Today in History:

1105 Series I Volume XLVII-I Serial 98 - Columbia Part I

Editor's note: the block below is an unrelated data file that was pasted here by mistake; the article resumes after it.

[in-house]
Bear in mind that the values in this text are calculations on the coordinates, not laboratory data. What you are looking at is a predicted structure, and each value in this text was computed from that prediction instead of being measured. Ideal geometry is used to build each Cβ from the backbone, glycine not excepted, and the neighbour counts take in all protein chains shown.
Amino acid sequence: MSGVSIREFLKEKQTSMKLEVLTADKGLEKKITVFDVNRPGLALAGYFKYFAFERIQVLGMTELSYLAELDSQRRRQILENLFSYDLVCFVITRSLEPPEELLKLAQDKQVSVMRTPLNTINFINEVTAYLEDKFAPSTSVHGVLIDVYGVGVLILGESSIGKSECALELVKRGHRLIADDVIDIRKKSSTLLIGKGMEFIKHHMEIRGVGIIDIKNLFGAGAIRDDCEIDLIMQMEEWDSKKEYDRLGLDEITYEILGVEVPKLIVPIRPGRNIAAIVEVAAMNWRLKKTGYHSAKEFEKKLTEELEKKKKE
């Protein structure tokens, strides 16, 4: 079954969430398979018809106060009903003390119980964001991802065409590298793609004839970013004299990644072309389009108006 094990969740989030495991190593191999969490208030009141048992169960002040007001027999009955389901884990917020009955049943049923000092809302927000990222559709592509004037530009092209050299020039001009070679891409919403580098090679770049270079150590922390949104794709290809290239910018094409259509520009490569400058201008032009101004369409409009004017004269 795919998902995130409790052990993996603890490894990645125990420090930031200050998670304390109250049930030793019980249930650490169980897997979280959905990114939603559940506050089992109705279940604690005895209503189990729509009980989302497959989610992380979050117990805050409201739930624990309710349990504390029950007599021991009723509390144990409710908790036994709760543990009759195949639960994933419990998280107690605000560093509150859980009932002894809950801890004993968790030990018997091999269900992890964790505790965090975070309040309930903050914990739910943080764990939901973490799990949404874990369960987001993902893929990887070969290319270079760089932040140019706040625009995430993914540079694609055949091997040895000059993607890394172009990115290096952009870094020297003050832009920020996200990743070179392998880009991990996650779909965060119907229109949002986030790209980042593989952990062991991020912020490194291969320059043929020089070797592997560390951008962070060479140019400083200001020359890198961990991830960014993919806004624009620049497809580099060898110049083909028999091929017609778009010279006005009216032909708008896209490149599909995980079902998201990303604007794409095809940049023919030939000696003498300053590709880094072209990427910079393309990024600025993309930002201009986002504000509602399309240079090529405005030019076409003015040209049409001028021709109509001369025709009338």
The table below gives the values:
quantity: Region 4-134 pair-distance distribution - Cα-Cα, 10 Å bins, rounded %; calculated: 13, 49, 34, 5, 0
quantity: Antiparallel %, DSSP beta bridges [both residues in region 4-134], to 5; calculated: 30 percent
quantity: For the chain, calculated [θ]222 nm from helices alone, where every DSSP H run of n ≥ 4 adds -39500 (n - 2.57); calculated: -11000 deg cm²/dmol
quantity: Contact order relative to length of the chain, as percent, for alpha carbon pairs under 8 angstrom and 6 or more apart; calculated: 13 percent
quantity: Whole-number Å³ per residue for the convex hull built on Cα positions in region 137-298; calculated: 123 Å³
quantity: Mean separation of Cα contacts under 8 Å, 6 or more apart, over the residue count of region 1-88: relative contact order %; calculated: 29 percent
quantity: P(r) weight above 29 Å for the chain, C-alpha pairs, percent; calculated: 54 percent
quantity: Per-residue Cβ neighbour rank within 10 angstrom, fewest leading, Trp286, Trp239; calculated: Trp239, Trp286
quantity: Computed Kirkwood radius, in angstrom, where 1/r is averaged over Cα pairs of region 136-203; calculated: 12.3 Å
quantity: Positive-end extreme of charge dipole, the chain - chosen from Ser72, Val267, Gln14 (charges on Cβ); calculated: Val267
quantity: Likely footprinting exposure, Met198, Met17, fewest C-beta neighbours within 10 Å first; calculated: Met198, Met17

was ordered to take position for the time about 200 yards in rear of General Hokes right, with instructions to support the artillery in the open field in case of an attack by the enemy. At 2.45 p. in., with Brigadier-General Johnston on my left, I was ordered to advance simultaneously with General iloke, on our left, and General Loring, on my right, to attack the enemy in his position, and in case the line of advance of the abovenamed division should so con- verge during the advance as to take up the line allotted to my command I was ordered to form in reserve to General Loring. With Brigadier- General Johnston I advanced, obliquing to the right through the open field, directing my right to General Lorings left. General Hoke not moving simultaneously, I continned to occupy the line to the leIt of Gen- eral Loring, in the meantime driving the enemy from his temporary works. Brigadier-General Johnston and I continued to advance rap- idly until we reunited with General Lorings advance line, where, halt- ing a short time to reform, we charged and drove the enemy from his main works and pursued him several hundred yards. The whole line at length was halted to reform, where I remained until about 4 p. in., when, in conjunction with the commands in the main line, I advanced about half a mile through a swamp inundated. Having taken a position at length, Brigadier-General Johnstons and my brigade forming the lelt of that position of the hue, about 5 p. in. the enemy in one or two lines of battle attacked and attempted to drive us from our unprotected positiou; but our men stood firm, not a man leaving his post except the wounded. At this point the contest was more obstinate and the musketry more terrific than at any other time of the engagement. Having received a slight wound, I retired from the field at tTilight. In connection with this report I have to say that Reynolds brigade conducted itself with that gallantry and spirit which has ever distimi- guished it in battle. Officers and macmi did their duty nobly. I could mention several instances of personal courage and daring, but m any equally deserving, doubtless, I could not under the circumstances observe. My thanks are due Lient. F. W. Ragland, aide-de-camp, and my only staff officer, for his gallant services during the day. My loss in this engagement was as follows, viz: Killed, 7; wounded, 33; missing, 1; total, 41. My effective force previous to the engage- ment was about 150. I am, captain, very respectfully, your obedient servant, II. G. BUNN, Colonel, Commanding Reynolds Brigade. Capt. E. P. CLARK, Acting Assistant Adjutant- General. No. 299. Report of Maj. Gen. William B. Bate, C. S. Army, of operations March 19. HEADQUARTERS BATES DIVISION, In the Field, near Smithfield, N. C., March 28, 1865. COLONEL: In obedience to orders from headquarters of the Army of Tennessee I have the honor to submit the following as the official report 70 R RYOL XLVII, PT I